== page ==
Reaching net zero ‘requires green skills shortage to be urgently tackled’

The Aldersgate Group says a deficit in skills is currently undermining the growth of low carbon supply chains across the UK economy

Reaching net zero requires the national shortage of green skills to be urgently tackled.

That’s the call from the Aldersgate Group, which says a deficit in skills is currently undermining the growth of low carbon supply chains across the UK economy and stresses low carbon skills provision must become a policy priority to bolster the economy and remain on track for phasing out emissions by the deadline of 2050.

The organisation notes 91% of businesses say they already face a skills deficit and highlights that between 1998 and 2016, several economies in the north of England have grown at less than half the rate of London’s economy.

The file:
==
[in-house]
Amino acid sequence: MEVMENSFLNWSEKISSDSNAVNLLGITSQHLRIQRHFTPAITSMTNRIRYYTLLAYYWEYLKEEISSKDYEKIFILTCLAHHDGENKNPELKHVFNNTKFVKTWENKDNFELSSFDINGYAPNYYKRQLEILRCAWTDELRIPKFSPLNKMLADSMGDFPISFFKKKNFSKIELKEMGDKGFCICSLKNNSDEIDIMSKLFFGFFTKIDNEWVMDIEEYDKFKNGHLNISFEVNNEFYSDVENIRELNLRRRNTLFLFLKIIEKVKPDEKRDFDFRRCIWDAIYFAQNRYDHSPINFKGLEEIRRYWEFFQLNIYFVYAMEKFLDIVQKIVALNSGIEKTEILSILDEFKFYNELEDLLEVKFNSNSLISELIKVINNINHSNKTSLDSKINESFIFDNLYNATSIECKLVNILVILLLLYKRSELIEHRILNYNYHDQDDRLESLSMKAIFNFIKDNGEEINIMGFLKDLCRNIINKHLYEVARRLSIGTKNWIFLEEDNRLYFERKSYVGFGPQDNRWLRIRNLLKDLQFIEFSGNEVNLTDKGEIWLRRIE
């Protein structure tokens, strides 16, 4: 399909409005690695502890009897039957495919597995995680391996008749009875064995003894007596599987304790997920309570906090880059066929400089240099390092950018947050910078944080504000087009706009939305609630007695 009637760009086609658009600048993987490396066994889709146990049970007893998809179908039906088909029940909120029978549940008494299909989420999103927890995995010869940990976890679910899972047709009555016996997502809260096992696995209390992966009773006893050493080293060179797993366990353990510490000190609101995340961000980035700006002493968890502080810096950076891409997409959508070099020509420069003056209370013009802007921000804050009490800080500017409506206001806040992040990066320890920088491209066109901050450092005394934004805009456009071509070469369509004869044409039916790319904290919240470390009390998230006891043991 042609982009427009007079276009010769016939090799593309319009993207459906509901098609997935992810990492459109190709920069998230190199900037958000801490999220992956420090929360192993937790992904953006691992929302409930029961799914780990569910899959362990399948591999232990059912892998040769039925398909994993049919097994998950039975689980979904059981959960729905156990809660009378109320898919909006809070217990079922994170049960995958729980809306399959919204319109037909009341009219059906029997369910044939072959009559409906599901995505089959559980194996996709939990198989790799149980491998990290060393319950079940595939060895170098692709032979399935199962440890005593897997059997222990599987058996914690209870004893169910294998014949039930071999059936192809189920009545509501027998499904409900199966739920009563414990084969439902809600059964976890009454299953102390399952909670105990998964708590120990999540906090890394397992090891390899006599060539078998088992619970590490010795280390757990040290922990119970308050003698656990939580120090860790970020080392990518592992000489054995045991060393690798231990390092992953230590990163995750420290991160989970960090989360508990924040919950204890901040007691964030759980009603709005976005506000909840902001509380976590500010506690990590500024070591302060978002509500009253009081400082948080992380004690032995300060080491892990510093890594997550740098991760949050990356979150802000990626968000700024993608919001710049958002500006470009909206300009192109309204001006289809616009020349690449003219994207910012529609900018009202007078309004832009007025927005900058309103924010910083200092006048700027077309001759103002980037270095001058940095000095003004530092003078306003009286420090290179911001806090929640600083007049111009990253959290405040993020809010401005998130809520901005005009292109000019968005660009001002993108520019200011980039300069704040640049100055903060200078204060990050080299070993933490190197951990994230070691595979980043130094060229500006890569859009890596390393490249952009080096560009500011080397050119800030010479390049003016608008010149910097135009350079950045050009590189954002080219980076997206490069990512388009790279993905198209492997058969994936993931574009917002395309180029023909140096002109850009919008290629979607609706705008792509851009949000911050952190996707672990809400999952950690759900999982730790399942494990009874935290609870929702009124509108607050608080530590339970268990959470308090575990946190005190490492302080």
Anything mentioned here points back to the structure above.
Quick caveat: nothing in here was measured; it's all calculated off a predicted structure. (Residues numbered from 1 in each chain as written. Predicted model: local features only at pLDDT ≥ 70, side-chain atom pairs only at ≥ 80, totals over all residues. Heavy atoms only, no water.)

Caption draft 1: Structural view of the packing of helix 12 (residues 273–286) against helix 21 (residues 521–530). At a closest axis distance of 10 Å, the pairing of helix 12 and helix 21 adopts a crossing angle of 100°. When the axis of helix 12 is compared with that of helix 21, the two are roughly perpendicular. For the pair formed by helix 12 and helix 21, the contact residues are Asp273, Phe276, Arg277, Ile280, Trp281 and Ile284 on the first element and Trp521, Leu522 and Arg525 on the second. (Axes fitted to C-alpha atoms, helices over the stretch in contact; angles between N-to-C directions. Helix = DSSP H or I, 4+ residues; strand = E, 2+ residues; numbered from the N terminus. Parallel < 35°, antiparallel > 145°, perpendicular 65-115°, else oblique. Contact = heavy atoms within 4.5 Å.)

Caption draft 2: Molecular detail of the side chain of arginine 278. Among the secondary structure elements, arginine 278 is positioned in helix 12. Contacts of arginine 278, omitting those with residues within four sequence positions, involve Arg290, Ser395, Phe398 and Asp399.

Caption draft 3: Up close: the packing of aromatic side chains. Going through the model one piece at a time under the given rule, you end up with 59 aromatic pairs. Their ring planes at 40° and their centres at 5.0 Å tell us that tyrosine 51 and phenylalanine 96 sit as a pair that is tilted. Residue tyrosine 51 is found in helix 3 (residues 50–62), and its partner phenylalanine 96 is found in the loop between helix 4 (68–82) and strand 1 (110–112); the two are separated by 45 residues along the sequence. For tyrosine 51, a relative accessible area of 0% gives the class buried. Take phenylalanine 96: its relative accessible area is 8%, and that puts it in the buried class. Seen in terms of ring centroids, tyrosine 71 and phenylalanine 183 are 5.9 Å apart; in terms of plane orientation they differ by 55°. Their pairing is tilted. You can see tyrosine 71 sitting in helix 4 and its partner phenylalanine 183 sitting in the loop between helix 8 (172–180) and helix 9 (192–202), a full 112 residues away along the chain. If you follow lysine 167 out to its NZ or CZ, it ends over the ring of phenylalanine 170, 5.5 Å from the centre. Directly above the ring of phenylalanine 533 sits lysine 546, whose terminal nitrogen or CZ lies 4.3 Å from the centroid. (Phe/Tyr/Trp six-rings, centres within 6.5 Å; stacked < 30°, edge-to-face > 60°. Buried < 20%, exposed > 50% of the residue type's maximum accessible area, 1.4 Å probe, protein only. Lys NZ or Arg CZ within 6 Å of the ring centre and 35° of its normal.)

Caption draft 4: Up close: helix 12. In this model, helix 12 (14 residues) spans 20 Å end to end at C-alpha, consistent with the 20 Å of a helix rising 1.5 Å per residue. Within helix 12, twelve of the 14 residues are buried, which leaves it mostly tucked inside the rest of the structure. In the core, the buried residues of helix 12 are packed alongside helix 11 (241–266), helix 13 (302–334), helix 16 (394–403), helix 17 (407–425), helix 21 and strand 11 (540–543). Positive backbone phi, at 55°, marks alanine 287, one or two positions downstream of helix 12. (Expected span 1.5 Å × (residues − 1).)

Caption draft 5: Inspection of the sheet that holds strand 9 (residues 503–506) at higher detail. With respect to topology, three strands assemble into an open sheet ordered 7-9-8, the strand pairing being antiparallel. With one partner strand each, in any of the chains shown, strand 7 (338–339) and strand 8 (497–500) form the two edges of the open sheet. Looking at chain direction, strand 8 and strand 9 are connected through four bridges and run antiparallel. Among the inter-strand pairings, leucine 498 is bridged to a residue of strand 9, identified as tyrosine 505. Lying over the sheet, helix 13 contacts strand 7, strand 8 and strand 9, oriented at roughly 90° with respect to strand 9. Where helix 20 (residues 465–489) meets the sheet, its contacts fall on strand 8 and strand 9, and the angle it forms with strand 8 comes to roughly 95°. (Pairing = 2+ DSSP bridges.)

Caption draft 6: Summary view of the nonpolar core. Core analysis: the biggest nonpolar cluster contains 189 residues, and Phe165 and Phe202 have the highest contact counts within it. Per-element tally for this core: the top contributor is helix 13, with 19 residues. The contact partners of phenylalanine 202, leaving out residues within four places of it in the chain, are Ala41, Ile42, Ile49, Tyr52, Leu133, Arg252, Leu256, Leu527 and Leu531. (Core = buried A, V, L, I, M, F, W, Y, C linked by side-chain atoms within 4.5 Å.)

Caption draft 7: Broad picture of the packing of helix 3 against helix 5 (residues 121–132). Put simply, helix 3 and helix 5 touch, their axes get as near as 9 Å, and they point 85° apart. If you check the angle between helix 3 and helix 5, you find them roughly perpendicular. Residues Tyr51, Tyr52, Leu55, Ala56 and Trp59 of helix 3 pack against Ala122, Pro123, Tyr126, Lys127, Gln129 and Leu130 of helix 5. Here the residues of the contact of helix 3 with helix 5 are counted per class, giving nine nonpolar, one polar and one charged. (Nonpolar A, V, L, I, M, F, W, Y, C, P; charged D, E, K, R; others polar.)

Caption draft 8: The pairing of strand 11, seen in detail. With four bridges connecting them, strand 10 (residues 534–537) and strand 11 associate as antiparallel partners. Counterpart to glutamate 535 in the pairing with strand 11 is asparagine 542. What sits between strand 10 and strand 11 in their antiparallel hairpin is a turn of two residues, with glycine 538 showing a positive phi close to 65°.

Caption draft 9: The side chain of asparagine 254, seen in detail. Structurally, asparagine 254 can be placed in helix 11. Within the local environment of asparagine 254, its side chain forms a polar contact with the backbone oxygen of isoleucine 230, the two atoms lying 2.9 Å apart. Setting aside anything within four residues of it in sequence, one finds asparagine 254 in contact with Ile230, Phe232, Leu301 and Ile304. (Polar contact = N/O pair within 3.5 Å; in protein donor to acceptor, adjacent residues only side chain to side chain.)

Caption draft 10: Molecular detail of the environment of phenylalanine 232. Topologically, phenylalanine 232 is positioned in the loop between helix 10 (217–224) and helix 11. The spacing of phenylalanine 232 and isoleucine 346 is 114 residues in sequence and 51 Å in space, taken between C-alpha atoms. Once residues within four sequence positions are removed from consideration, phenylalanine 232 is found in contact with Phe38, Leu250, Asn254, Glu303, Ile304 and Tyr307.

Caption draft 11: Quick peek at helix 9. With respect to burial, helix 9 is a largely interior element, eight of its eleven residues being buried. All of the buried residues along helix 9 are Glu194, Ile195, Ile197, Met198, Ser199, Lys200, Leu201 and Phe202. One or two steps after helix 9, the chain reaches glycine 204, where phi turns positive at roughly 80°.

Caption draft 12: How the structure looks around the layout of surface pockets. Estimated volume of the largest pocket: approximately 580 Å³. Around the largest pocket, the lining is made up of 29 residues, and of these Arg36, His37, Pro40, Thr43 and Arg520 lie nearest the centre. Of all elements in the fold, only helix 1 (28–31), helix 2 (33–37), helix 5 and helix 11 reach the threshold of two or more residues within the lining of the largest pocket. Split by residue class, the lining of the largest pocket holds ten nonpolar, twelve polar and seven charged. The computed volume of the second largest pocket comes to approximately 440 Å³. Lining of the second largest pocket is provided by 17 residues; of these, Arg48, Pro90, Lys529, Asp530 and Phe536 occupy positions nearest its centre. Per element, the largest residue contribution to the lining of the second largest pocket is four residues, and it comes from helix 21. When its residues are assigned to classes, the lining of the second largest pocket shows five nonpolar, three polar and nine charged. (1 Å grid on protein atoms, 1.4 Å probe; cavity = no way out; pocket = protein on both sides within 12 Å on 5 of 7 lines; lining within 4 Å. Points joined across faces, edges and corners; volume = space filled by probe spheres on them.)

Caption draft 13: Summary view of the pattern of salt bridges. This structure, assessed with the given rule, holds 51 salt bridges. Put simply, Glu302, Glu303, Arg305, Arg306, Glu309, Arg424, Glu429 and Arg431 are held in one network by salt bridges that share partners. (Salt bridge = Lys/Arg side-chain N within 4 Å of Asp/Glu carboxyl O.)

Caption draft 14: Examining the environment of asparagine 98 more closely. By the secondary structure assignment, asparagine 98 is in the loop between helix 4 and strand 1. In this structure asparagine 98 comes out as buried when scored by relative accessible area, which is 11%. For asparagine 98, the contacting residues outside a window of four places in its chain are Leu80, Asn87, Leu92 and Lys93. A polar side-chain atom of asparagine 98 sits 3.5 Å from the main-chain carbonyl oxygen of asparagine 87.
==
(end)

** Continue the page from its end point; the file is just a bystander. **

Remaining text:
It stresses the coronavirus crisis has amplified these challenges, driving increasing unemployment rates, particularly among young people.

The Aldersgate Group urges for environmental sustainability to be embedded across the national curriculum and teacher training standards, as well as for higher and further education institutions to be better supported to help meet the needs of local employers.

It also says apprenticeship standards and mid-career reskilling qualifications should be updated and strengthened to ensure the workforce have the talents and abilities that are required.

Nick Molho, Executive Director of the Aldersgate Group, said: “Skills policy has been a missing link in the UK’s clean growth ambitions for too long. The move to a net zero emissions economy comes with a significant job creation potential which is matched by growing public enthusiasm to play an active role in this transition.

“Together with putting together a comprehensive policy plan to put the UK on track for its target, government must prioritise the development of an ambitious and carefully co-ordinated low carbon skills strategy and ensure that education institutions across the country are supported in this process.”

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